Business News of Saturday, 22 September 2018
The Ghana Employers’ Association (GEA), has said government needs to consider broader policy issues that could potentially compel businesses to dismiss workers in the wake of current job layoffs.
Between July and August this year, an estimated 1800 people lost their jobs as a result of bank-takeovers by the BoG. In 2017, the collapse of UT and Capital Bank affected the employment of some 900 people who lost their jobs.
However, the GEA noted that some broader policy issues must have a place on government’s priority list in order to tackle further job losses.
“As we speak, the business environment is very critical. The question is how do businesses survive and grow in an environment where though inflation is still in a single digit currently at 9.9 percent in August from 9.6 percent in July, the dollar rate is nonetheless creating difficulties for businesses,” GEA’s CEO, Mr. Alex Frimpong told the Goldstreet Business.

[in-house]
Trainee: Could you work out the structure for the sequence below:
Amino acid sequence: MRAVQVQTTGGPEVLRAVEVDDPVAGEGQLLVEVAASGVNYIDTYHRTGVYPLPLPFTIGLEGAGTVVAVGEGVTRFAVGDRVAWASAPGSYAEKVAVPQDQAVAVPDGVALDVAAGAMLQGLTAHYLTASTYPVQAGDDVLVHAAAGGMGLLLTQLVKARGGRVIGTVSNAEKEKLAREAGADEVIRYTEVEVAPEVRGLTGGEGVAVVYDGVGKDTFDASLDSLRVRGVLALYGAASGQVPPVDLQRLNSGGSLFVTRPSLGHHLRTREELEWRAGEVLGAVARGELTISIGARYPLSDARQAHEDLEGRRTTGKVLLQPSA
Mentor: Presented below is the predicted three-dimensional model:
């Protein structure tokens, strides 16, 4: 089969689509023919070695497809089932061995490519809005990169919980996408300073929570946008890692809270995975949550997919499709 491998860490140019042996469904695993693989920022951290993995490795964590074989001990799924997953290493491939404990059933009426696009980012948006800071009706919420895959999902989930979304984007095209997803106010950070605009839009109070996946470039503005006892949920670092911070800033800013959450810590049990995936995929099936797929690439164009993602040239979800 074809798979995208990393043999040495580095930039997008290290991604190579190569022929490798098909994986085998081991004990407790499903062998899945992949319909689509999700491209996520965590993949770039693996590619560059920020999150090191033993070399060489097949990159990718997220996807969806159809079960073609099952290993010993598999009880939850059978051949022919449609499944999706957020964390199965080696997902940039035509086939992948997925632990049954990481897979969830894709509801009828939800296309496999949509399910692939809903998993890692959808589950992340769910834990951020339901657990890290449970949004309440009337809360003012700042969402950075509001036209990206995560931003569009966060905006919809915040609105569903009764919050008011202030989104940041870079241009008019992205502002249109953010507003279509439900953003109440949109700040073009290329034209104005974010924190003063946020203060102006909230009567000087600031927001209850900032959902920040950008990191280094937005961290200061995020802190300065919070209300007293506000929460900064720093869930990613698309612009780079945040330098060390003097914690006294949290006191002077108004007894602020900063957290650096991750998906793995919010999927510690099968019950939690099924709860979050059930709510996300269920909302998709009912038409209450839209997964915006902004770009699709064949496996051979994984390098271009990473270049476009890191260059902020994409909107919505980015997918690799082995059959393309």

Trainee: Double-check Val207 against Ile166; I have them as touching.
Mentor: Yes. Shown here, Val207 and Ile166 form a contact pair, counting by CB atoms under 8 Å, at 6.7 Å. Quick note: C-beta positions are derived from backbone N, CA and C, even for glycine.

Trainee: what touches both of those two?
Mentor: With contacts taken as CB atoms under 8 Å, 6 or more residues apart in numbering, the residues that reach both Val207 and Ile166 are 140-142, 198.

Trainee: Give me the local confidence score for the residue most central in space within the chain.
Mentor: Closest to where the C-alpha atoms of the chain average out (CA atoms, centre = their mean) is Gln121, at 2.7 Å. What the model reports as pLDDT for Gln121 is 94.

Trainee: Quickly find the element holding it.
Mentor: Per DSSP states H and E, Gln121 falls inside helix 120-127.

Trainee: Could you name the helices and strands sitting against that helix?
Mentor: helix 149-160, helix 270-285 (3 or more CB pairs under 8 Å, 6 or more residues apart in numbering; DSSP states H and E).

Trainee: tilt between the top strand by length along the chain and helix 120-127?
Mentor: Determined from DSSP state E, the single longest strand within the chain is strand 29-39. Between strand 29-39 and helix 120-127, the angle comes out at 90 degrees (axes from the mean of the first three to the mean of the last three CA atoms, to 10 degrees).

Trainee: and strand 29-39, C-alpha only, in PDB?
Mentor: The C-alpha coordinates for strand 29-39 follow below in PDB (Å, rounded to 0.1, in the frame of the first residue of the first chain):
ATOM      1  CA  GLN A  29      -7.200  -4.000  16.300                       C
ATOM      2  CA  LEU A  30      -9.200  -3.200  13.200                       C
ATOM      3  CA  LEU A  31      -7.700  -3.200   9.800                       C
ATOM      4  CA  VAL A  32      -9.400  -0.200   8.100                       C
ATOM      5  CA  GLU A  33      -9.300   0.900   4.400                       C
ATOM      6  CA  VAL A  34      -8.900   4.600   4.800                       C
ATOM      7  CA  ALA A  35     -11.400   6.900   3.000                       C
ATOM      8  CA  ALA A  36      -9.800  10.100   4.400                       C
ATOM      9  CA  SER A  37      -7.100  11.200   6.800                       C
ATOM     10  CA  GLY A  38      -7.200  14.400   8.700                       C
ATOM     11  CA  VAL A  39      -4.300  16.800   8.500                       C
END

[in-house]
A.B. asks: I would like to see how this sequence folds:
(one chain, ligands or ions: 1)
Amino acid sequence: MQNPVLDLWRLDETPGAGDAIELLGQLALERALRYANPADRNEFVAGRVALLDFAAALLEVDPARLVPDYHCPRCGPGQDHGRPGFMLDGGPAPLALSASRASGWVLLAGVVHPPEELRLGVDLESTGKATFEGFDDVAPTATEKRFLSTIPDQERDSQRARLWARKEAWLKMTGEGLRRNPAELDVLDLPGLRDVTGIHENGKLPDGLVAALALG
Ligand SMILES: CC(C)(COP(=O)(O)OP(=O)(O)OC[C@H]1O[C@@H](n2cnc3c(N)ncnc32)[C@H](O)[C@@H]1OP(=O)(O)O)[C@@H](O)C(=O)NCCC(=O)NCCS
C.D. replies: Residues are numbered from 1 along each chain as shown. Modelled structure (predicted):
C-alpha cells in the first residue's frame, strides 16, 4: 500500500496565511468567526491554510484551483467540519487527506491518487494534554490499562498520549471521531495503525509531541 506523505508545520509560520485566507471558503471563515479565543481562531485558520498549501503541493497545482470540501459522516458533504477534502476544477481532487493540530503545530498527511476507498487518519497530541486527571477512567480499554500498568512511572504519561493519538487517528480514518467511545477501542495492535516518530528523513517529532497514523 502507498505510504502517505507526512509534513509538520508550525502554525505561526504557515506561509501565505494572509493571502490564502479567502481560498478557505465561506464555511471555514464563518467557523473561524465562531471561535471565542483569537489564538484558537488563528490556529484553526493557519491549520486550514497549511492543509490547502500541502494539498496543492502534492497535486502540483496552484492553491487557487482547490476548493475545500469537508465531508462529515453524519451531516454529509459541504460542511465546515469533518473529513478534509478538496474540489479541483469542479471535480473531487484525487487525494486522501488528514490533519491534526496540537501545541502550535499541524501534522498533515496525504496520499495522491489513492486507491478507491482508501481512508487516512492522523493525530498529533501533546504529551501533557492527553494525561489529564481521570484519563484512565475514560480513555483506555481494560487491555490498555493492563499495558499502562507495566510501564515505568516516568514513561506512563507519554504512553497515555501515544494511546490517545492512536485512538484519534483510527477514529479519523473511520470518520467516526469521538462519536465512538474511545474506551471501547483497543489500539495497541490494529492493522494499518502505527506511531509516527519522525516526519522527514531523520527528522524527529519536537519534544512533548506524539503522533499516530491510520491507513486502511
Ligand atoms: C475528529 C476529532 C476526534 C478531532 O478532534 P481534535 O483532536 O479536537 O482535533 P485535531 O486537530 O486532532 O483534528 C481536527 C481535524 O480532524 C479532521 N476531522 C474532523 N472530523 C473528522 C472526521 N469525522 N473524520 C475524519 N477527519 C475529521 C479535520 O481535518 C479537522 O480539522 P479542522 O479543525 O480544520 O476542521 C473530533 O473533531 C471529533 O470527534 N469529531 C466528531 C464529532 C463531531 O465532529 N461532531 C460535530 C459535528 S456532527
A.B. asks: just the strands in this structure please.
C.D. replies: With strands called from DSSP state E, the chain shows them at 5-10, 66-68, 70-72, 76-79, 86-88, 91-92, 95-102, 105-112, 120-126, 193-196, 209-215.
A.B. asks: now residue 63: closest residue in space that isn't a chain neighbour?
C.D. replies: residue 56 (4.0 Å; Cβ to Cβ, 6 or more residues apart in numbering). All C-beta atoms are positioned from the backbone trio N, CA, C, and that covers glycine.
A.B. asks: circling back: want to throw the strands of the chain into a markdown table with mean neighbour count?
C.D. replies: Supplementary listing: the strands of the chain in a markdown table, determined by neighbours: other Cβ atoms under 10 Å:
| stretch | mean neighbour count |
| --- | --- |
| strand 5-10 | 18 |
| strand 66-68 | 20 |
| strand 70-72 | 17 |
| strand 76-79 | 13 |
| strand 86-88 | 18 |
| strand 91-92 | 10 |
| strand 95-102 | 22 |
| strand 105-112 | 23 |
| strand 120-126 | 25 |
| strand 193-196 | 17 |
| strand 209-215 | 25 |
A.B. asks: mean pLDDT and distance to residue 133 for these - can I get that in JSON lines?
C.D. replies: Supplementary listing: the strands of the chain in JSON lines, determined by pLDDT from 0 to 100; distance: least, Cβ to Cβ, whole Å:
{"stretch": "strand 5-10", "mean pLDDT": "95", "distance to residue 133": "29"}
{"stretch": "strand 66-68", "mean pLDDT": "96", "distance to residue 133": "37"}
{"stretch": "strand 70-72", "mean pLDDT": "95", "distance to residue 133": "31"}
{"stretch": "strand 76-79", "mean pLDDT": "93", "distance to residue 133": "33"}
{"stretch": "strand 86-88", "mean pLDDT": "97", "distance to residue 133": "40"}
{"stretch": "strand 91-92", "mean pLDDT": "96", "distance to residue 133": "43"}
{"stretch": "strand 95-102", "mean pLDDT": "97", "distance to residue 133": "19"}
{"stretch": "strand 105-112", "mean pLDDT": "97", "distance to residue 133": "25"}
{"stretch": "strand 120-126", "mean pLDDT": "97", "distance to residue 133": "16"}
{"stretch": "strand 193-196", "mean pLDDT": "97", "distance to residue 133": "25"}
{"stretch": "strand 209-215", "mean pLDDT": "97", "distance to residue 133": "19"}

Members of the association, Mr. Frimpong said, sometimes borrow at 30 percent from the banks to run their businesses.
“This and many others are the key issues bothering us and it’s not in the interest of companies to dismiss workers, but such could happen when it gets off the limit. GEA members will look at the environment and situate the survival and otherwise of their business and see whether dismissals are a thing to consider,” he said.
GEA is worried, that the influx of counterfeit goods and substandard products in the Ghanaian market from approved and unapproved border posts, could trigger further collapse of businesses.
The problem, is gradually compromising the health of citizens, and revenues which are supposed to accrue to government for national development are being diverted and thereby reducing potentials for job creation, he worried.
With participation of up to 900 members, the GEA reveals it will engage various governmental agencies concerning major policy issues which are militating against business growth.
The association admitted that current issues concerning layoffs goes beyond the Employment and Labour Relations Ministry.
“We are preparing discussions with the Trade Ministry concerning the influx of counterfeit goods. We’ll approach the Finance Ministry on the micro-economic management and the BoG which controls the banking environment. The conversation will be escalated beyond the Employment Ministry,” Mr Frimpong maintained.
Established in 1959, The GEA promotes and protects the basic interest of employers and serves as their mouthpiece in negotiating wages, minimum wage and allowances, human resource and industrial relations matters on behalf of employers.